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Publication numberUS5956222 A
Publication typeGrant
Application numberUS 08/926,686
Publication dateSep 21, 1999
Filing dateSep 10, 1997
Priority dateSep 10, 1997
Fee statusPaid
Also published asCA2302945A1, CA2302945C, CN1133191C, CN1275243A, DE69833212D1, EP1021816A1, EP1021816A4, EP1021816B1, WO1999013483A1
Publication number08926686, 926686, US 5956222 A, US 5956222A, US-A-5956222, US5956222 A, US5956222A
InventorsLupu Wittner, Eduard Konstantinovsky
Original AssigneeTarget Hi-Tec Electronics Ltd.
Export CitationBiBTeX, EndNote, RefMan
External Links: USPTO, USPTO Assignment, Espacenet
Electronic switch for quick, automatic response to current overloads
US 5956222 A
Abstract
An electronic switch circuit for controlling a main circuit including a power source and a load, the electronic switch circuit including (a) an electromagnetic relay device including an electromagnet and at least two contacts, the electromagnetic relay device being connectable in series to the power source and the load of the main circuit; (b) a controlled semiconductor device being a part of the electronic switch circuit; (c) a semiconductor command circuit being connected to the semiconductor device, the semiconductor command circuit serving for controlling the operation of the controlled semiconductor device; (d) a relay command circuit being connected to the electromagnet of the electromagnetic relay device and to the semiconductor command circuit, the relay command circuit serving for controlling the relay device and the semiconductor command circuit; (e) an overload sensor serving for determining a current load flowing through the main circuit and for reporting the relay command circuit of a current overload; (f) a resistor being connected in series to the controlled semiconductor device; and (g) an inducer being connectable in series to the load, the inducer being positioned in close proximity to the electromagnet of the electromagnetic relay device; wherein when the contacts of the relay device are disconnected, the resistor which thereby experiences a higher current load, automatically signals the semiconductor command circuit, which in turn turns the controlled semiconductor device off; and further wherein when the inducer experiences a current load above a predetermined threshold the inducer generates an induction field of a magnitude sufficient to induce the electromagnet of the electromagnetic relay device to disconnect the contacts.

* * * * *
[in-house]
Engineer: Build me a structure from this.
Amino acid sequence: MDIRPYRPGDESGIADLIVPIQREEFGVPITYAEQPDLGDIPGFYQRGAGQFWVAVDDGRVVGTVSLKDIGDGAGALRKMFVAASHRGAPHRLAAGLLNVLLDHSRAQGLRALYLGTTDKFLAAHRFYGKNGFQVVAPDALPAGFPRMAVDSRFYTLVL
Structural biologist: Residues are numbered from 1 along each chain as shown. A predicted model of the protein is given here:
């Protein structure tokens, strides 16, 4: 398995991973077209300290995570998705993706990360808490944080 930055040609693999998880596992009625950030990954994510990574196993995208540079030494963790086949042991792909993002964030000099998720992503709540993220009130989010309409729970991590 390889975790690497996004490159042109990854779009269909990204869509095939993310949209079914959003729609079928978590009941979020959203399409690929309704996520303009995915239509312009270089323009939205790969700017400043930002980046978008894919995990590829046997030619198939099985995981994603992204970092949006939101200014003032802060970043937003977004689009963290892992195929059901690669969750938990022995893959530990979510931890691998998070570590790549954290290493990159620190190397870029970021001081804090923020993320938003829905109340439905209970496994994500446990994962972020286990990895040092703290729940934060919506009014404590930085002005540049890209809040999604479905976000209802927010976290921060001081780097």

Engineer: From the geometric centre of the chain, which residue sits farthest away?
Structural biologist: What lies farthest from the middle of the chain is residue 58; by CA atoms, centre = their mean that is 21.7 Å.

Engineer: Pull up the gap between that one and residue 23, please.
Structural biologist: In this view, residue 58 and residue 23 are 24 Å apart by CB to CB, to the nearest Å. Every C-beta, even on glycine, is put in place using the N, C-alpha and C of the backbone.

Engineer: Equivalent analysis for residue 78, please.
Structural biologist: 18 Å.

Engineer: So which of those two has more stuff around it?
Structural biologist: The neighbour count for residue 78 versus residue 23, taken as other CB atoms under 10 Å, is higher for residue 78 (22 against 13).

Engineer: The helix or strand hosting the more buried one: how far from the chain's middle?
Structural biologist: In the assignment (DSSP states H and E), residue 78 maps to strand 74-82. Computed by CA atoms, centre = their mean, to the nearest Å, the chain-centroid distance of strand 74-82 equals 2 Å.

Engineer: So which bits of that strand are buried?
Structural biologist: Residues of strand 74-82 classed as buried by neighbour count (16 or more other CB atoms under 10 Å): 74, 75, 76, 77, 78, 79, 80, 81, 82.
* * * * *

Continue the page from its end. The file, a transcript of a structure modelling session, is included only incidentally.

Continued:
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Claims(6)
What is claimed is:
1. An electronic switch circuit for controlling a main circuit including a power source and a load, the electronic switch circuit comprising:
(a) an electromagnetic relay device including an electromagnet and at least two contacts, said electromagnetic relay device being connectable in series to the power source and the load of the main circuit;
(b) a controlled semiconductor device being a part of the electronic switch circuit;
(c) a semiconductor command circuit being connected to said controlled semiconductor device, said semiconductor command circuit serving for controlling the operation of said controlled semiconductor device;
(d) a relay command circuit being connected to said electromagnet of said electromagnetic relay device, said relay command circuit serving for controlling said electromagnetic relay device;
(e) an overload sensor serving for determining a current load flowing through the main circuit and for reporting to said relay command circuit of a current overload;
(f) a resistor being connected in series to said controlled semiconductor device, said resistor and said controlled semiconductor device being connected in parallel to said electromagnetic relay device; and
(g) an inducer being connectable in series to the load, said inducer being positioned in close proximity to said electromagnet of said electromagnetic relay device;
wherein when said inducer experiences a current load above a predetermined threshold said inducer generates an induction field of a magnitude sufficient to induce said electromagnet of said electromagnetic relay device to disconnect said contacts, whereas when said contacts of said electromagnetic relay device are disconnected, said resistor which thereby experiences a higher current load, automatically signals said semiconductor command circuit, which in turn turns said controlled semiconductor device off.
2. The electronic switch circuit of claim 1, wherein said relay command circuit is further connected to said semiconductor command circuit and serves for controlling said semiconductor command circuit.
3. The electronic switch circuit of claim 1, wherein when said contacts of said electromagnetic relay device are disconnected, said resistor which thereby experiences a higher current load, automatically signals said semiconductor command circuit, which in turn turns said controlled semiconductor device off within about four milliseconds.